Sandra Cisneros’ strong cultural values greatly influence The House on Mango Street. Esperanza’s life is the medium that Cisneros uses to bring the Latin community to her audience. The novel deals with the Catholic Church and its position in the Latin community. The deep family connection within the barrio also plays an important role in the novel. Esperanza’s struggle to become a part of the world outside of Mango Street represents the desire many Chicanos have to grow beyond their neighborhoods.
Religion holds a powerful position in the lives of Latinos. It provides a built in censor of right and wrong in the form of extreme guilt (Aranda 150). The chapter “A Rice Sandwich” divulges the way guilt is established. Here Esperanza wants to eat at the canteen for lunch, but the nuns just insult her, and this makes her cry. She says they were “…pointing to a row of three ugly flats, the one the raggedy men are ashamed to go into. Yes…though I knew that wasn’t my house” (Cisneros 45). The fact that her victimizers were nuns made her even more embarrassed about where she lived than she already was.
Family can either be a brick of foundation or a wrecking ball in the Chicano world. Cisneros says, “We’re very family centered, and that family extends to the whole Raza” (Aranda 150). Throughout Mango Street Esperanza’s family is a brick of foundation. Esperanza’s best friend is her sister. She also has fun at her aunt’s expense, and she inherits her grandmother’s first name. This inheritance symbolizes the strong family bond of Latinos in their effort to keep the family names alive.
Esperanza dreams of someday having a satisfying life. She doesn’t want her path of freedom to be cleared by having a baby or finding a husband. She has no desires to fall into the trap of dependency. As the author writes, “Her power is her own. She will not give it away” (Cisneros 89).
Literature and Life in Of Human Bondage
Literature and Life in Of Human Bondage
In the novel Of Human Bondage, the reader comes across a truly magnificent quote on page 627. This quote is: “He had lived always in the future, and the present always, always had slipped through his fingers.” In and of itself, this is a very powerful quote. However, it can be given even more power and significance if a person can relate this quote to their own life and experiences. I myself, after reading this quote, was instantly able to identify with it.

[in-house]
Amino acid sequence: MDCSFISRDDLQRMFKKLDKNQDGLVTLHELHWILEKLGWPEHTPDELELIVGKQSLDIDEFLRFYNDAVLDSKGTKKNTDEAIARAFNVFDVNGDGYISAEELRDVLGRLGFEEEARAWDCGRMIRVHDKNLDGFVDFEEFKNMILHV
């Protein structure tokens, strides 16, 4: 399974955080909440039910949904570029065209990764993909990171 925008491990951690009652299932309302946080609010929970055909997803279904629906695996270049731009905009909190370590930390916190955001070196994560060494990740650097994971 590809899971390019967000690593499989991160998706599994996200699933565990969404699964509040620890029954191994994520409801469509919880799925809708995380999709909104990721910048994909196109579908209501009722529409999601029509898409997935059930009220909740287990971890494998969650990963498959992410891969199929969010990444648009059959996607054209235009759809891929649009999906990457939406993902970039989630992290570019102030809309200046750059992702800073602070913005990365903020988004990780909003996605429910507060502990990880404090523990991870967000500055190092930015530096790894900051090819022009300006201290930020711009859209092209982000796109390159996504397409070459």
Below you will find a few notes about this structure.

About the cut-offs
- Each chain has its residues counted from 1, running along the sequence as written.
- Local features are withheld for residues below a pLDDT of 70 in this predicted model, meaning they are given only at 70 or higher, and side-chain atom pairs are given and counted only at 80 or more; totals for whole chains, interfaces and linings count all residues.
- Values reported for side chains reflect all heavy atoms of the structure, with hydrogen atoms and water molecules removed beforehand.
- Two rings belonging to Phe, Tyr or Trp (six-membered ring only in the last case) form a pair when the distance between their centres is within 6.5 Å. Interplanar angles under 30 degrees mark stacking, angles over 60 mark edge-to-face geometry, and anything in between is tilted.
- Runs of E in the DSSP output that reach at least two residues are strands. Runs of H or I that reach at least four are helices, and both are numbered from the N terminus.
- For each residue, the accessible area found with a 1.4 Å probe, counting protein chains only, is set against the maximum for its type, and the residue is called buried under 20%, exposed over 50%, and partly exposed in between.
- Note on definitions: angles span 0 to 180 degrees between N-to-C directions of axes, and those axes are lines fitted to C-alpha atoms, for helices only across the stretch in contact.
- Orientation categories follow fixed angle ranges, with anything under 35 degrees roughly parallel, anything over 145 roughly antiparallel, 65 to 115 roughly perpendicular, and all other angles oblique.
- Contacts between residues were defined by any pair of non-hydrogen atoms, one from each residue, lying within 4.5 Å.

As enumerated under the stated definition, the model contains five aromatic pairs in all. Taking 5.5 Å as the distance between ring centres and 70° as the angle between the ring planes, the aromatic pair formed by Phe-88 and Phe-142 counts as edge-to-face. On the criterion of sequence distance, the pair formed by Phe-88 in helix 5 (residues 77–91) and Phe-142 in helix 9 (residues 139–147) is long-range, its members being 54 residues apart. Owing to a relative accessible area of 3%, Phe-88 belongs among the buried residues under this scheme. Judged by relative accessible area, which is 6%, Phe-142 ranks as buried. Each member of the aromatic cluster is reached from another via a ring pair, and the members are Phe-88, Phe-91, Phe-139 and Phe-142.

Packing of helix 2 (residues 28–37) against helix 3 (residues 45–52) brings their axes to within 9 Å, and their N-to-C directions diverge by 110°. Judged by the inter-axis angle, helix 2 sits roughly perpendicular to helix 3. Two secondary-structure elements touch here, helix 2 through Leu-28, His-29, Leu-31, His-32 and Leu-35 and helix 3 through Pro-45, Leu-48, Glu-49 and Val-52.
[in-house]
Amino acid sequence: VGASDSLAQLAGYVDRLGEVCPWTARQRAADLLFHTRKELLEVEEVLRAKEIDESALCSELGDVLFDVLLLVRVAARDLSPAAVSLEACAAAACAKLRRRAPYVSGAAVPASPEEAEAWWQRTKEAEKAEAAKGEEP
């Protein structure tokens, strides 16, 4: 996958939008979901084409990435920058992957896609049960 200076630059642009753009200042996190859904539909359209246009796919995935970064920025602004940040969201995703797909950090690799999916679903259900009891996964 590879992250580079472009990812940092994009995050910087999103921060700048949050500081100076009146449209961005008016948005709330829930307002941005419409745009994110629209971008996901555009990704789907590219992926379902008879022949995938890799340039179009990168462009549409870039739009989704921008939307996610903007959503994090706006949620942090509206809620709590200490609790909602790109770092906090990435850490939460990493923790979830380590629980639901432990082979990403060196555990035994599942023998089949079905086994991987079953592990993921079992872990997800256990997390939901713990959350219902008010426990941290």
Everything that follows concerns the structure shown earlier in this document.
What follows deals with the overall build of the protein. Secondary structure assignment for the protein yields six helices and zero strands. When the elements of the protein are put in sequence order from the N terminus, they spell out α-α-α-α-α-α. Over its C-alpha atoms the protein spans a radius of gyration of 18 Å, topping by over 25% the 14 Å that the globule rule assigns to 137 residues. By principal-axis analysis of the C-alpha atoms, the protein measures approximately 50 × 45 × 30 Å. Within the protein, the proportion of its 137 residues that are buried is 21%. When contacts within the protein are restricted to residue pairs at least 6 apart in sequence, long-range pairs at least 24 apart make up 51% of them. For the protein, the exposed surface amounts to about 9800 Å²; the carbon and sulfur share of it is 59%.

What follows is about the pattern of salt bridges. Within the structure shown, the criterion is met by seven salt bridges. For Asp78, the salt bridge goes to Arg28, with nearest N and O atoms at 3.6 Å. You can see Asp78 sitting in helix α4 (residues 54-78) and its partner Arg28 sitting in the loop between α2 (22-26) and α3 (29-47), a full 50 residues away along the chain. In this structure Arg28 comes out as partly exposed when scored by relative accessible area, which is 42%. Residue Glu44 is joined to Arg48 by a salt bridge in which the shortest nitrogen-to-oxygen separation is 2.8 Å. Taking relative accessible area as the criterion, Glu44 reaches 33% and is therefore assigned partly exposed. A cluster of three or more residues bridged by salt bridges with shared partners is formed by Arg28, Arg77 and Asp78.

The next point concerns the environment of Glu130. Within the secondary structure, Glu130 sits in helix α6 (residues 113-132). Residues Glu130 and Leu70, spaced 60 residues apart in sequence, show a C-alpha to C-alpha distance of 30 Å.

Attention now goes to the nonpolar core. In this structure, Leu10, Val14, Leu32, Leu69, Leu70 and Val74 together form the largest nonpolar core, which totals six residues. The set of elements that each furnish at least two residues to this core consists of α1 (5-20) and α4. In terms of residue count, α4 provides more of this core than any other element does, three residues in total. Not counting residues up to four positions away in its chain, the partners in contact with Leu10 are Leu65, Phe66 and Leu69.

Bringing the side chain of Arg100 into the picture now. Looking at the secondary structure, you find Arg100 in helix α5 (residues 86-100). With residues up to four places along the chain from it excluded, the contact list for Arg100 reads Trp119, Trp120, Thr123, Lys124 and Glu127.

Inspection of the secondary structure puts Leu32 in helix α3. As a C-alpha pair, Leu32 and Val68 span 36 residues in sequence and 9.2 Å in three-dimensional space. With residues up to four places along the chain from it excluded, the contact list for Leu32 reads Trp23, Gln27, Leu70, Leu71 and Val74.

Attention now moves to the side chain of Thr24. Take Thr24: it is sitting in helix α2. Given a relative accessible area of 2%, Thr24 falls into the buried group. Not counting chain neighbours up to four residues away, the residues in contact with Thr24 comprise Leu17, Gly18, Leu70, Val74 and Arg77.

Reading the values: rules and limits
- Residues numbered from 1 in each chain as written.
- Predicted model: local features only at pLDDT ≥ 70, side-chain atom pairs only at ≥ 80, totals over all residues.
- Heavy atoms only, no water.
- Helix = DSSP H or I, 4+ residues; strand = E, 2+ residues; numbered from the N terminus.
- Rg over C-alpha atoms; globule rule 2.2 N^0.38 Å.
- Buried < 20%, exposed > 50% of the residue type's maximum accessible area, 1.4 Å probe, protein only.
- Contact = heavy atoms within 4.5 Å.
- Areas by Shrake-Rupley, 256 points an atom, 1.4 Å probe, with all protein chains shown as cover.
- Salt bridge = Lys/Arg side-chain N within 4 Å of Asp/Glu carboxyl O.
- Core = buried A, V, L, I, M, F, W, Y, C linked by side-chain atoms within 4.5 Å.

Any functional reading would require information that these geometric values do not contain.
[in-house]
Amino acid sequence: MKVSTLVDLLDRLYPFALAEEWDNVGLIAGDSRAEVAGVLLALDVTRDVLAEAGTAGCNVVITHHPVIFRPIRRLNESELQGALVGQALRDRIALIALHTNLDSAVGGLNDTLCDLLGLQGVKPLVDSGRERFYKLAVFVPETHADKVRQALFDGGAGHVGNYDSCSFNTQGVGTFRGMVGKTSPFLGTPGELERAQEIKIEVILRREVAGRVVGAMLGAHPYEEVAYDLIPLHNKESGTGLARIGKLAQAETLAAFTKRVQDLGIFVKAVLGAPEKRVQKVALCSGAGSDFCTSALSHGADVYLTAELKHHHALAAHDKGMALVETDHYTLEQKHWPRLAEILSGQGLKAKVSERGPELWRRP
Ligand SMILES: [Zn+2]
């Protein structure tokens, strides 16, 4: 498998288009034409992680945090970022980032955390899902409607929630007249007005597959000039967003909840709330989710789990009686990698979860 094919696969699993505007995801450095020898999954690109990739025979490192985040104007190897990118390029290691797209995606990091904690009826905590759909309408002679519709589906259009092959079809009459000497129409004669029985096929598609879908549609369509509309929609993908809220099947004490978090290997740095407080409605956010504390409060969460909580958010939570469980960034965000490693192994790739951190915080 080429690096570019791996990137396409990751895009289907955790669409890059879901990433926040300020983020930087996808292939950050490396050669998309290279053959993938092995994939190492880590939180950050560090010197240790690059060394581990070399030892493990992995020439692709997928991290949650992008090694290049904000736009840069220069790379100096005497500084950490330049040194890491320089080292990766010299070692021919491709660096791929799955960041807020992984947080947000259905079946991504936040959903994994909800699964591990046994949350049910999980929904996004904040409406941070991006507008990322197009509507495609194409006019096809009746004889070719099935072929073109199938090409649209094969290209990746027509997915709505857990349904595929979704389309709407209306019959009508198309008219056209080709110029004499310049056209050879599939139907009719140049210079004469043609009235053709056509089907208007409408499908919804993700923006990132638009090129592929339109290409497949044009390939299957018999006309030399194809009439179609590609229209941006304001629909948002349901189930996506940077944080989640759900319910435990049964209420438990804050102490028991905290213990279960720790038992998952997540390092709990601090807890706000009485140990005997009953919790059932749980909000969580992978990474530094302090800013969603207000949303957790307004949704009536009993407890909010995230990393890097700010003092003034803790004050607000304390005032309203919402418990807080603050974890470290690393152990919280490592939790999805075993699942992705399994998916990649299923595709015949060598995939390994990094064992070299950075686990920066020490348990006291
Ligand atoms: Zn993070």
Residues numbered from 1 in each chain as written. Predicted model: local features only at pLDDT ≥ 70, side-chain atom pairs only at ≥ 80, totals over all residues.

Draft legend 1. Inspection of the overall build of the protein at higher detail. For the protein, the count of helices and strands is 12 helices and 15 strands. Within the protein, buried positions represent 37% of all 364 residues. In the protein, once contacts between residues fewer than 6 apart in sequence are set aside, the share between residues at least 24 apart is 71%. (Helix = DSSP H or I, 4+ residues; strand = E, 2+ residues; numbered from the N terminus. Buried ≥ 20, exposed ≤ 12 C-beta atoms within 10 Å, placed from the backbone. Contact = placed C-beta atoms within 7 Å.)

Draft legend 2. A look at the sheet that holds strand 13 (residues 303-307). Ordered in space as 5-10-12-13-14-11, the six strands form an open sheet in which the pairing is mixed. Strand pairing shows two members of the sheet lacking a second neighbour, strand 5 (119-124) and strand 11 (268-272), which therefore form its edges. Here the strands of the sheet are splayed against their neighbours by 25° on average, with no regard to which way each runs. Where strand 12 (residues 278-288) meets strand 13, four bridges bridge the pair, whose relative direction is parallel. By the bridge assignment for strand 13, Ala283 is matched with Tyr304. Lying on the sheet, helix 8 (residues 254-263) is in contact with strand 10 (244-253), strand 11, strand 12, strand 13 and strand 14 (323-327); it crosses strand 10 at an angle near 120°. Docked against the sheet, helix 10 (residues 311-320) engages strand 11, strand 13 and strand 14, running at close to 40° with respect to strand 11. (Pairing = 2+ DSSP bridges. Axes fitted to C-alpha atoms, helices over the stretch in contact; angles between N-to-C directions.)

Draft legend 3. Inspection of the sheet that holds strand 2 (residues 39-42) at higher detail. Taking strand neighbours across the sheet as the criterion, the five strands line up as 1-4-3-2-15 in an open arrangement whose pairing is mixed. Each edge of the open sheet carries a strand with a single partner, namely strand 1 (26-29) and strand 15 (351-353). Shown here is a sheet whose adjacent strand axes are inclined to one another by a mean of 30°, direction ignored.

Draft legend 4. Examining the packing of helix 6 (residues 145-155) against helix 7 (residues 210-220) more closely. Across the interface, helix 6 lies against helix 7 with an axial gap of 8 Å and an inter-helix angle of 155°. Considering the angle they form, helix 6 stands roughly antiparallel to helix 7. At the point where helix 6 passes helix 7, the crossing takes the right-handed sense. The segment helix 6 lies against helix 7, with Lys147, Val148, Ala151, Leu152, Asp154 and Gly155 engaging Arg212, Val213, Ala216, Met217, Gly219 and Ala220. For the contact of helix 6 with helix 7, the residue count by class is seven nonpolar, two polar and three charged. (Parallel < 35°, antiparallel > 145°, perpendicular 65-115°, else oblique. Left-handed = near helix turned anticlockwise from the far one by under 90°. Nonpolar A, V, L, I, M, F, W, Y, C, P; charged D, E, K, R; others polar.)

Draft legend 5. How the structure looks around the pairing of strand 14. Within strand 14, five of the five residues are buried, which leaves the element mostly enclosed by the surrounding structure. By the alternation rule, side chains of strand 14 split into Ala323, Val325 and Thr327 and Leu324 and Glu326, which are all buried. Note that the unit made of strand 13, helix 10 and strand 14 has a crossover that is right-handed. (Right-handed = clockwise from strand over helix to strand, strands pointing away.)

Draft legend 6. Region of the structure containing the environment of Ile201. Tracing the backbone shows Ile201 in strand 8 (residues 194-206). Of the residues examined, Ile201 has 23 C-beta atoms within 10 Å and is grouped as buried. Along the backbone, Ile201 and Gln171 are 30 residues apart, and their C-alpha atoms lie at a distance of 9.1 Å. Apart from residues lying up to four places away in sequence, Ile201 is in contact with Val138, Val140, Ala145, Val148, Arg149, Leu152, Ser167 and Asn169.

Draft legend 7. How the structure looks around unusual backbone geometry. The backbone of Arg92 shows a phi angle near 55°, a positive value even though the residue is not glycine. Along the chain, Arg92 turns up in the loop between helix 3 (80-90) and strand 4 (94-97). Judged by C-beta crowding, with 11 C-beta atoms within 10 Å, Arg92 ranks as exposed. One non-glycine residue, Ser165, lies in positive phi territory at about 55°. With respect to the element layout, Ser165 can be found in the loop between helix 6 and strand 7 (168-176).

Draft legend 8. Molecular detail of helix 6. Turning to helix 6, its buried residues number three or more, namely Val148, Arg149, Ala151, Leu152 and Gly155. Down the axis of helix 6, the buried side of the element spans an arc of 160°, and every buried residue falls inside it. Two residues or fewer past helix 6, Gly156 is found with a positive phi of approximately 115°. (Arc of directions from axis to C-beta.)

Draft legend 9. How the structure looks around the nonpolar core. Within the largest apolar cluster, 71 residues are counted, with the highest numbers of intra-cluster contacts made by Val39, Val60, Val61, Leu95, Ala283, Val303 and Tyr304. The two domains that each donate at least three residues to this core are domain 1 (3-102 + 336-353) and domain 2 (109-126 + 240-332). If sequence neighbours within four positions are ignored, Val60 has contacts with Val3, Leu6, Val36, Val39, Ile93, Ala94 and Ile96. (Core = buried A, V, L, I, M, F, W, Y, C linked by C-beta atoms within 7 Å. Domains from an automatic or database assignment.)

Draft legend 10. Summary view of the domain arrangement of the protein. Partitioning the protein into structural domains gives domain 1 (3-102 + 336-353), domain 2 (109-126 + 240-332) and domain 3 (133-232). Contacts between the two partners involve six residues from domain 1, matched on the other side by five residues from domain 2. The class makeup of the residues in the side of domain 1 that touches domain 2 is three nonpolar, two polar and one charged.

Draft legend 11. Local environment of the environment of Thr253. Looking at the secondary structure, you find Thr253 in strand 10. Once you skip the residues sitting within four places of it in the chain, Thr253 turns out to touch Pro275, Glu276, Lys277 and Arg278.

This quote describes the middle school years and my early high school years almost perfectly. Many nights I would find myself staying in, watching TV, doing one thing or another around my house. I would almost never leave the house and I had nothing that could even remotely be called a social life. My reason for doing this to myself was that I spent most of my time thinking about my future and wishing for it to come. I had almost no kind of happiness for where I was or what I was doing in the present. I cut myself off from the outside world. I was rather shy around other people (I still am, admittedly) and I had very few friends.
It was not too long before I discovered the faults in my erroneous living. I finally realized, and truly not a moment too soon, that if I did not start living for the present, my future would soon become my neglected present. I would have wasted my life doing meaningless things and I would have no experience to share with anyone who may be interested in the uneventful life I had led. After I came to this startling revelation, I grew even more apathetic in my depression. I truly felt that there was nothing I could do to remedy this situation and was at a total loss for solutions. Soon enough, though, I concluded that there was no alternative to hard work to change the current state of affairs in my life. It was then that I truly embarked on the most difficult journey of my life thus far. This being the journey of self-alteration and successfully changing my own behavioral patterns.
My changes that I’ve done to myself have been quite noticeable to those people who’ve known me for a great number of years.